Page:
A bouquet of flowers lies at the base of a roadblock where law enforcement officials work at the scene of a shooting at the First Baptist Church of Sutherland Springs, Monday, Nov. 6, 2017, in Sutherland Springs, Texas. . (AP Photo/Eric Gay)
The playground at the site of a shooting at the First Baptist Church of Sutherland Springs, Texas, U.S. November 6, 2017. REUTERS/Rick Wilking
A woman looks at her phone on her porch next to the site of a shooting at the First Baptist Church of Sutherland Springs, Texas U.S. November 6, 2017. REUTERS/Rick Wilking
A woman looks at her phone, on her porch next to the site of a shooting at the First Baptist Church of Sutherland Springs, Texas, U.S. November 6, 2017. REUTERS/Rick Wilking
A woman sits on her porch next to the site of a shooting at the First Baptist Church of Sutherland Springs, Texas U.S. November 6, 2017. REUTERS/Rick Wilking
Neighbours who live next to the site of a shooting at the First Baptist Church of Sutherland Springs are pictured, Texas, U.S. November 6, 2017. REUTERS/Rick Wilking
Neighbours who live next to the site of a shooting at the First Baptist Church of Sutherland Springs are pictured, Texas, U.S. November 6, 2017. REUTERS/Rick Wilking
Neighbours who live next to the site of a shooting at the First Baptist Church of Sutherland Springs are pictured, Texas, U.S. November 6, 2017. REUTERS/Rick Wilking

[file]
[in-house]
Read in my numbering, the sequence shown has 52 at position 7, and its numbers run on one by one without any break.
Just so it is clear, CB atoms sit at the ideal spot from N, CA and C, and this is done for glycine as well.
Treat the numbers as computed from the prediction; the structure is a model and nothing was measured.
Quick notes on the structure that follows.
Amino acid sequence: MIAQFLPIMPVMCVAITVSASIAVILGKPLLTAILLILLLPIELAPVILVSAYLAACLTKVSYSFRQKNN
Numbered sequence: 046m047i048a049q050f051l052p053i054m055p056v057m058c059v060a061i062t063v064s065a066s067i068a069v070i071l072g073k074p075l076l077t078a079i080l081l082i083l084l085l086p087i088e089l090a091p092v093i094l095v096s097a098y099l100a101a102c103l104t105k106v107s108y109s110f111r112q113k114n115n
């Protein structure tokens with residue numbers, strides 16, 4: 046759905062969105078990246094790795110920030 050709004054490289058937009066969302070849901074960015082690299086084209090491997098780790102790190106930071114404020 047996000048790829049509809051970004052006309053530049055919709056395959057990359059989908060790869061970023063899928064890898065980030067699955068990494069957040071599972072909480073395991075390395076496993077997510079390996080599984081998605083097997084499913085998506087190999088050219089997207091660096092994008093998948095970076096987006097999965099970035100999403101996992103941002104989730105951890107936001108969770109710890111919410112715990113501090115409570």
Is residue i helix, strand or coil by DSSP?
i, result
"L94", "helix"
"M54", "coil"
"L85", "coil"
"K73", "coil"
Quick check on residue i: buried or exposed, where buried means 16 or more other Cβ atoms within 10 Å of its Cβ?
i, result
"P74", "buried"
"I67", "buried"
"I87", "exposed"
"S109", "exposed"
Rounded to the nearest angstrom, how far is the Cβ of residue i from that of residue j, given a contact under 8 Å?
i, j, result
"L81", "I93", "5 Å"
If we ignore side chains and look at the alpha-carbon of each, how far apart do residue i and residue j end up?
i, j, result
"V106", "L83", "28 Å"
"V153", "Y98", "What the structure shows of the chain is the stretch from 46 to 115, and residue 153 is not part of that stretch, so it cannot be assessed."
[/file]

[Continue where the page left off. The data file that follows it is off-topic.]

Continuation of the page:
A woman is escorted to site of a shooting at the First Baptist Church of Sutherland Springs, Texas, U.S. November 6, 2017. REUTERS/Rick Wilking
Neighbours who live next to the site of a shooting at the First Baptist Church of Sutherland Springs are pictured, Texas, U.S. November 6, 2017. REUTERS/Rick Wilking
Police stand outside the site of a shooting at the First Baptist Church of Sutherland Springs, Texas, U.S. November 6, 2017. REUTERS/Rick Wilking
The site of a shooting at the First Baptist Church of Sutherland Springs, Texas U.S. November 6, 2017. REUTERS/Rick Wilking
The playground at the site of a shooting at the First Baptist Church of Sutherland Springs, Texas, U.S. November 6, 2017. REUTERS/Rick Wilking
The site of a shooting at the First Baptist Church of Sutherland Springs, Texas, U.S. November 6, 2017. REUTERS/Rick Wilking
The playground at the site of a shooting at the First Baptist Church of Sutherland Springs, Texas, U.S. November 6, 2017. REUTERS/Rick Wilking
The site of a shooting at the First Baptist Church of Sutherland Springs, Texas, U.S. November 6, 2017. REUTERS/Rick Wilking
A man walks past the front of the First Baptist Church on Monday, Nov. 6, 2017, where a gunman opened fire on a Sunday service in Sutherland Springs, Texas. (Nick Wagner/Austin American-Statesman via AP)
Media and police stand outside the site of a shooting at the First Baptist Church of Sutherland Springs, Texas U.S. November 6, 2017. REUTERS/Rick Wilking
Police stand outside the site of a shooting at the First Baptist Church of Sutherland Springs, Texas, U.S. November 6, 2017. REUTERS/Rick Wilking
A police officer walks down the street past a huge refrigerated tent outside the site of a shooting at the First Baptist Church of Sutherland Springs, Texas U.S. November 6, 2017. REUTERS/Rick Wilking
A police officer stands outside the site of a shooting at the First Baptist Church of Sutherland Springs, Texas, U.S. November 6, 2017. REUTERS/Rick Wilking